NS&I could be forced to axe more top deals now that its targets have been slashed.
The government agency, which raises money for HM Treasury, wants to attract less from savers this year.
National Savings & Investments has been set a target of raising £6billion (plus or minus £3billion each side) between April 1 and March 31 next year. This is its lowest total for five years.
NS&I has been set a target of raising £6bn between April 1 and March 31 next year. This is its lowest total for five years
Last year, when it launched new bonds and its Junior Isa, it wanted more than double this, at £13billion.
Signs of the impact on savers are already evident. Since the start of April, NS&I has reduced the amount you can put in its popular Guaranteed Growth or Guaranteed Income Bonds from a £1million limit to £10,000.
Its similarly named Investment Guaranteed Growth Bond, launched in April 2017, has been withdrawn from sale, with no replacement.
The bond was announced in the 2016 Autumn Statement by Chancellor Philip Hammond as a move to support savers suffering from low rates.
More than 200,000 rate-hungry savers piled £607million into the three-year fixed-rate bond, paying 2.2 per cent, on which deposits were capped at £3,000 per person.
Savers also poured money into Guaranteed Growth and Guaranteed Income Bonds, which went back on sale for the first time in nearly ten years at the start of December.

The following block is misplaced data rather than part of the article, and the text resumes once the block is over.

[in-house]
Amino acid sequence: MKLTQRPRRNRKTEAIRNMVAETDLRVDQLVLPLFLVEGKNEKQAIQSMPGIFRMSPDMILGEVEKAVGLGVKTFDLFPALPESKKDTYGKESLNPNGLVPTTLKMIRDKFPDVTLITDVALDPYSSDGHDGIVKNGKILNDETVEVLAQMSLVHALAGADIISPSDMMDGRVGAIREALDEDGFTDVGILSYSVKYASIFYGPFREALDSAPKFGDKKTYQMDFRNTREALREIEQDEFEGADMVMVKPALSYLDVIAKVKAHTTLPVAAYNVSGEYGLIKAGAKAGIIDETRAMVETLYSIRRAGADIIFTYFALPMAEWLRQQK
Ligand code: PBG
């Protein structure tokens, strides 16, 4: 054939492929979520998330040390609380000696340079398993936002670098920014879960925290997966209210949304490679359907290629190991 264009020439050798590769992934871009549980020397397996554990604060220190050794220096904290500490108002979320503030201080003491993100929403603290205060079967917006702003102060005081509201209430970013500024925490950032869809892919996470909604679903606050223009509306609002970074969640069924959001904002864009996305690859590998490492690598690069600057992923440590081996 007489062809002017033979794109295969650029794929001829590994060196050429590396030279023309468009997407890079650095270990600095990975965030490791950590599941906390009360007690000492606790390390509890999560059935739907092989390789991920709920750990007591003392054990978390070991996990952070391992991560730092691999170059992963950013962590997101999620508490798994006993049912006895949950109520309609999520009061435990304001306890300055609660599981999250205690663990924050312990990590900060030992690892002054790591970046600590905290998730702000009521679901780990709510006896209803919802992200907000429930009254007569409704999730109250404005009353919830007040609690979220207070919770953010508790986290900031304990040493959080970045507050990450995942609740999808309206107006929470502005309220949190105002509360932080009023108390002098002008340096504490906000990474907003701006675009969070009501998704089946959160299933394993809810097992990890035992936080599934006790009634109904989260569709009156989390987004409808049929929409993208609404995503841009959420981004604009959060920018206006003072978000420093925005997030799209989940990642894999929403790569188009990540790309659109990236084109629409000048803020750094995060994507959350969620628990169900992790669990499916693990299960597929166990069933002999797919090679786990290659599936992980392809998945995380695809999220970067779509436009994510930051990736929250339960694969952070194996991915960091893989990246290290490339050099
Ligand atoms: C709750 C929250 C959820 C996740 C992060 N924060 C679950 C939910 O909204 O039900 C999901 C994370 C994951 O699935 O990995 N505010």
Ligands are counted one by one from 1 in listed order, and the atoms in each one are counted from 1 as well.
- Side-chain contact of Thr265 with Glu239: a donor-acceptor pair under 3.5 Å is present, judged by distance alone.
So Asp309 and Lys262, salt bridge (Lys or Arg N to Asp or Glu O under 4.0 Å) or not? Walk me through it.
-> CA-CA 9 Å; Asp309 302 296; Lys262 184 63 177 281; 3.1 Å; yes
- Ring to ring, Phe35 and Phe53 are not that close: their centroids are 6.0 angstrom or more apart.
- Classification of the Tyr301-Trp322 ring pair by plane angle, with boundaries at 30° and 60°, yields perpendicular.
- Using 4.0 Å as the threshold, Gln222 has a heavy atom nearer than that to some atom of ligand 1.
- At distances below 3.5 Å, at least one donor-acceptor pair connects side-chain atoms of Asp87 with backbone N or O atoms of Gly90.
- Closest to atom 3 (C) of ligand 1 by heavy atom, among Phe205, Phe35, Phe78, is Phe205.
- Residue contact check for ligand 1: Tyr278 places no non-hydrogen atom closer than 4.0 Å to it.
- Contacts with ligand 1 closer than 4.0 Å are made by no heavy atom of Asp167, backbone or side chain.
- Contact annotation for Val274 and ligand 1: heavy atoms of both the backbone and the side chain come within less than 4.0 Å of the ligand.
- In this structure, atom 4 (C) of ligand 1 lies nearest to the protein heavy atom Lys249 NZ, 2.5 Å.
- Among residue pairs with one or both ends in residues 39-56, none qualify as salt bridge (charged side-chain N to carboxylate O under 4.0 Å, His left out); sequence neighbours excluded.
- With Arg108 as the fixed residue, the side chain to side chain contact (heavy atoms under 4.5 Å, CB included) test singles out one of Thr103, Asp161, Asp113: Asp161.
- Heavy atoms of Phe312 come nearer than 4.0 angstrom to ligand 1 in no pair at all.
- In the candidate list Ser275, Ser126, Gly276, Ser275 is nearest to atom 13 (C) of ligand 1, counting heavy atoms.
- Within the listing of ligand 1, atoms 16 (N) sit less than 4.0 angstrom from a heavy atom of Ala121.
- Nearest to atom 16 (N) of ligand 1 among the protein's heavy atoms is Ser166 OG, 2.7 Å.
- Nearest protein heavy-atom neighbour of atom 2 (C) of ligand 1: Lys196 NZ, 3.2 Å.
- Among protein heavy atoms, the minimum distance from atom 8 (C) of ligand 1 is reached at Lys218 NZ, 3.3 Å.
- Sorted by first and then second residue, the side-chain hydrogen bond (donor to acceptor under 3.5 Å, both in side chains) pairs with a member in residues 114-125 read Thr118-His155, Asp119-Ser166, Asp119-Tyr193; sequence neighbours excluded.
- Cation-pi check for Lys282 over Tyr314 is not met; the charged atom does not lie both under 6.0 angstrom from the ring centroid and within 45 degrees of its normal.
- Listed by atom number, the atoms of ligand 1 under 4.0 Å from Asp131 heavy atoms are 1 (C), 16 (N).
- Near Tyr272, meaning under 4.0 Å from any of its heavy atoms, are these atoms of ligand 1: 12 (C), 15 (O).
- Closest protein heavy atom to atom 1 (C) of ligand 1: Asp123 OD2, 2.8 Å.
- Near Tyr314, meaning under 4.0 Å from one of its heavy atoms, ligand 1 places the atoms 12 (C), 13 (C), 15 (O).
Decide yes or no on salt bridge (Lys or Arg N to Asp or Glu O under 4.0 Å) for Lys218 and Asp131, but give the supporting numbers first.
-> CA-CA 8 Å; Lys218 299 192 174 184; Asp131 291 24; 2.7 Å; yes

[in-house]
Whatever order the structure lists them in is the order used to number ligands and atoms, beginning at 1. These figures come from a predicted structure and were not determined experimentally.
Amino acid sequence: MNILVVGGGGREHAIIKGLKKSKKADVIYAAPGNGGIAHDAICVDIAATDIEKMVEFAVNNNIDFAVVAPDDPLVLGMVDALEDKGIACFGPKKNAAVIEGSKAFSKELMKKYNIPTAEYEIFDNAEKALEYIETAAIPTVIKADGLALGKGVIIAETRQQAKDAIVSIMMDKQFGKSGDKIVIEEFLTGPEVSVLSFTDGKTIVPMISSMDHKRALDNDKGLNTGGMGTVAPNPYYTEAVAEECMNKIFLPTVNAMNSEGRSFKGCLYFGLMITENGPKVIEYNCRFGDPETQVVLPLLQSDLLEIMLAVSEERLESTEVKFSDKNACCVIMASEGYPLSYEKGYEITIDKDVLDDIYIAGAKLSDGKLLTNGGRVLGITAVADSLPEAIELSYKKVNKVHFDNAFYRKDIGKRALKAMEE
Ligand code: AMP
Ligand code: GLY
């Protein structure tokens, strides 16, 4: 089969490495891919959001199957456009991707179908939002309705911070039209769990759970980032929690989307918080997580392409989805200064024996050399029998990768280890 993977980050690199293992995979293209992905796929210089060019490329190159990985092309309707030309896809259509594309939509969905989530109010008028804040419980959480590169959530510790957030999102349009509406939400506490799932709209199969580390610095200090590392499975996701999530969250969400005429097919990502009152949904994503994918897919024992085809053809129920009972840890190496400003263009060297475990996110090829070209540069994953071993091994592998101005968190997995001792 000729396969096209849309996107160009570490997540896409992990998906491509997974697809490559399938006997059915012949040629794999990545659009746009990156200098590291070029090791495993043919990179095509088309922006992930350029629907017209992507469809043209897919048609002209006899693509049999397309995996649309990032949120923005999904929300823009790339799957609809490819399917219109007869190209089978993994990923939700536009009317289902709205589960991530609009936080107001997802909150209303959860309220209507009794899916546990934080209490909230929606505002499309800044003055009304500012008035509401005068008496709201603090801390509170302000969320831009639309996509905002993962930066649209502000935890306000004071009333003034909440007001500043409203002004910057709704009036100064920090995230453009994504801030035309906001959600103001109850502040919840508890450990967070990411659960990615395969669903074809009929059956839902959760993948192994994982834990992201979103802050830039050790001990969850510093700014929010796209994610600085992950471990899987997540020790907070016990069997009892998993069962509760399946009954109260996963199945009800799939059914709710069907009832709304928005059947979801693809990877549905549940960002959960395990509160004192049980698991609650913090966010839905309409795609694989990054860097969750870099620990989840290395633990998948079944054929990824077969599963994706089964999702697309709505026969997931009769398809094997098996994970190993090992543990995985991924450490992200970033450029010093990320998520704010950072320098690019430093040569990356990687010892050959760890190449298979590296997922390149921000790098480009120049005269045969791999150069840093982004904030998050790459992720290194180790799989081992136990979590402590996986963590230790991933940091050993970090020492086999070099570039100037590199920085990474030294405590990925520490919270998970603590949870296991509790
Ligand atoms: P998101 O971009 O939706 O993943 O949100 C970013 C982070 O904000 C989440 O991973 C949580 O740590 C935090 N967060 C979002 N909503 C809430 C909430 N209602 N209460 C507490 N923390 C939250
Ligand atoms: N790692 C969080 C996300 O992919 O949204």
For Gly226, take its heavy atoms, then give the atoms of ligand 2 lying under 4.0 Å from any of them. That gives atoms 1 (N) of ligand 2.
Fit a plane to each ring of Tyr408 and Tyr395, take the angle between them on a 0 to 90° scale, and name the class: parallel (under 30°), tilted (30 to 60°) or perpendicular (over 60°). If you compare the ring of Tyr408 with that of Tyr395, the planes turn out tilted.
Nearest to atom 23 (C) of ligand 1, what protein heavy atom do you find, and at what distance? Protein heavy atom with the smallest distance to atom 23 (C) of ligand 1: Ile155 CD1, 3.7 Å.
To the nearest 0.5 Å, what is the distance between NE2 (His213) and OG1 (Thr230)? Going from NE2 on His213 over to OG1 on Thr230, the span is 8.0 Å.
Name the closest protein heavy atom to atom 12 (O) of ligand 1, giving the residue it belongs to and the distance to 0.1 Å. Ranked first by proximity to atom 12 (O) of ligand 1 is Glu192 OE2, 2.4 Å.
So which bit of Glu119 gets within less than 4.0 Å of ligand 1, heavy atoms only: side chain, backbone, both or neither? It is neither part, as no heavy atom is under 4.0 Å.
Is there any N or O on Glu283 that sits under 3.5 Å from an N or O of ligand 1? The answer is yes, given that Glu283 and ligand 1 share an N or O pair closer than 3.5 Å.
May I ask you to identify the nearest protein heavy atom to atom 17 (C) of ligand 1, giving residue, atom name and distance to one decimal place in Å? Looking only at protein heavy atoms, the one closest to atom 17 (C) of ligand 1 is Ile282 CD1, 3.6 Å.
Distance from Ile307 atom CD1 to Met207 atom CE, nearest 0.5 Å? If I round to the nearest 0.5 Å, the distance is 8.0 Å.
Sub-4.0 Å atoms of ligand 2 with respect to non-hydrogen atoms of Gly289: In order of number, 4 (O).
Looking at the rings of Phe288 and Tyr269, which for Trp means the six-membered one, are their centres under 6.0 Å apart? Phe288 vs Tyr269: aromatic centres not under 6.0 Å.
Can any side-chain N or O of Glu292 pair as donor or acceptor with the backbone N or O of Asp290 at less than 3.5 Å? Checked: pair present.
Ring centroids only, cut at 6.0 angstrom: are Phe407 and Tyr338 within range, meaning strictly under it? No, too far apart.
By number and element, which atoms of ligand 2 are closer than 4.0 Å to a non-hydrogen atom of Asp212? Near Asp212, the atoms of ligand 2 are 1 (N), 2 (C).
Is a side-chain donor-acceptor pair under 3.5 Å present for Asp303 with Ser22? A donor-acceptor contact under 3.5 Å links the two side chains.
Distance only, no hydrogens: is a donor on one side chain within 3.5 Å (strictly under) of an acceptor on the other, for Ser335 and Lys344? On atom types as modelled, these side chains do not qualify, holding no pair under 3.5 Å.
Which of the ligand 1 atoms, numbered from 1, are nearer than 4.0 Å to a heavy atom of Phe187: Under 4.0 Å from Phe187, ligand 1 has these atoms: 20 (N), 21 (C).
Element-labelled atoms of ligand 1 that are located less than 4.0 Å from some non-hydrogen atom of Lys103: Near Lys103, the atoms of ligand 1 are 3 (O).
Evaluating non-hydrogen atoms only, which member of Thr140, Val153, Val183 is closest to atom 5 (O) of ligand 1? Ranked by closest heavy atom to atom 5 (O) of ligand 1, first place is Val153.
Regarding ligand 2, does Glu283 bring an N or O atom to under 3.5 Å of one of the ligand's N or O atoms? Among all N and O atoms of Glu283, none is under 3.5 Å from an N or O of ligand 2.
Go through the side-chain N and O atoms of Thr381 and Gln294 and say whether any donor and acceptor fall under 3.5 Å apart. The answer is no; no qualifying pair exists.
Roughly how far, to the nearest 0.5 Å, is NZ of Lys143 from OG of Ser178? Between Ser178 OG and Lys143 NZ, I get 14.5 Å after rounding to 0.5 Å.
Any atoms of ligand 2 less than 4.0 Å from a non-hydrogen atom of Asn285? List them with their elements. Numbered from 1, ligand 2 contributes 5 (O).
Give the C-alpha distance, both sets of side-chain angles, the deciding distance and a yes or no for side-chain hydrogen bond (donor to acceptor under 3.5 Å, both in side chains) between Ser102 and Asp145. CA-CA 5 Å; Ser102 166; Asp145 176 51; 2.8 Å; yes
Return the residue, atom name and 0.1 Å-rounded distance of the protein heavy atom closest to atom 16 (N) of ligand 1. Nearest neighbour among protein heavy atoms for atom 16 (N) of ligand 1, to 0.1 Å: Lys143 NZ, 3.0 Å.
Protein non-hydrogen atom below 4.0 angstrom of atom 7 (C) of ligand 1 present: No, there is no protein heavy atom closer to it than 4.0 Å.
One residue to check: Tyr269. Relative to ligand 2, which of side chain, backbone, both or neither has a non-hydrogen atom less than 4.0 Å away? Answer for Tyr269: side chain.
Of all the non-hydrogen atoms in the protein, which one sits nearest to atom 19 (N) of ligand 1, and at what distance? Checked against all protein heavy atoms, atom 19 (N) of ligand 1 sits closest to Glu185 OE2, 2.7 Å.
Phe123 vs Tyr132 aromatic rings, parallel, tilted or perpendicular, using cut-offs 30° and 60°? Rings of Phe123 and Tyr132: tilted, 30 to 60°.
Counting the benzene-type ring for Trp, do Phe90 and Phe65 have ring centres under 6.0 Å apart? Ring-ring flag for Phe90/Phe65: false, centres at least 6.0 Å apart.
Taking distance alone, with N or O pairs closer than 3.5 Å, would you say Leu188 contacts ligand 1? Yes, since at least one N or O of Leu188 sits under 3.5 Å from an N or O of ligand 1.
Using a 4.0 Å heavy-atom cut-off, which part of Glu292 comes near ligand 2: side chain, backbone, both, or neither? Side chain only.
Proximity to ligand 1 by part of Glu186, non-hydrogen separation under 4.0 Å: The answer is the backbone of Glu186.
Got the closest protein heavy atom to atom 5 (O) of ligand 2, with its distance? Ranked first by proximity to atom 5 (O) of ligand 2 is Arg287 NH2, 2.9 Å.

They quickly became its bestseller, attracting a huge £11billion in just four months, including £7.5billion from pensioners whose 65+ Bonds had come to the end of their term.
The three-year Guaranteed Growth option was the most popular, attracting nearly 600,000 savers.
Premium Bonds were the second-biggest seller at £5.9billion, bringing the total to a record £75billion.
NS&I continues its push towards a ‘digital’ age, with accounts only available online or by phone.
Before it closed up shop at the Post Office in 2015, 43 per cent of its sales came by post or the High Street.
As a new saver, you can only apply for its Guaranteed Growth and Guaranteed Income Bonds online.
But if you have maturing bonds with NS&I and want to reinvest for another term, you can also do so by post or phone, as long as you sign up for this service.
The Growth version pays 1.5 per cent for one year or 1.95 per cent for three years. If you want to renew your existing bond, you also have the option of 1.7 per cent for two years or 2.25 per cent for five.
Its Guaranteed Income Bonds work in the same way, but pay your interest each month. Rates are 1.45 per cent for one year, 1.65 per cent for two, 1.9 per cent for three years or 2.2 per cent for five years.
NS&I’s standard easy-access Direct Isa (paying 1 per cent) and its run-of-the-mill easy-access Direct Saver (0.95 per cent) are only available online or over the phone.
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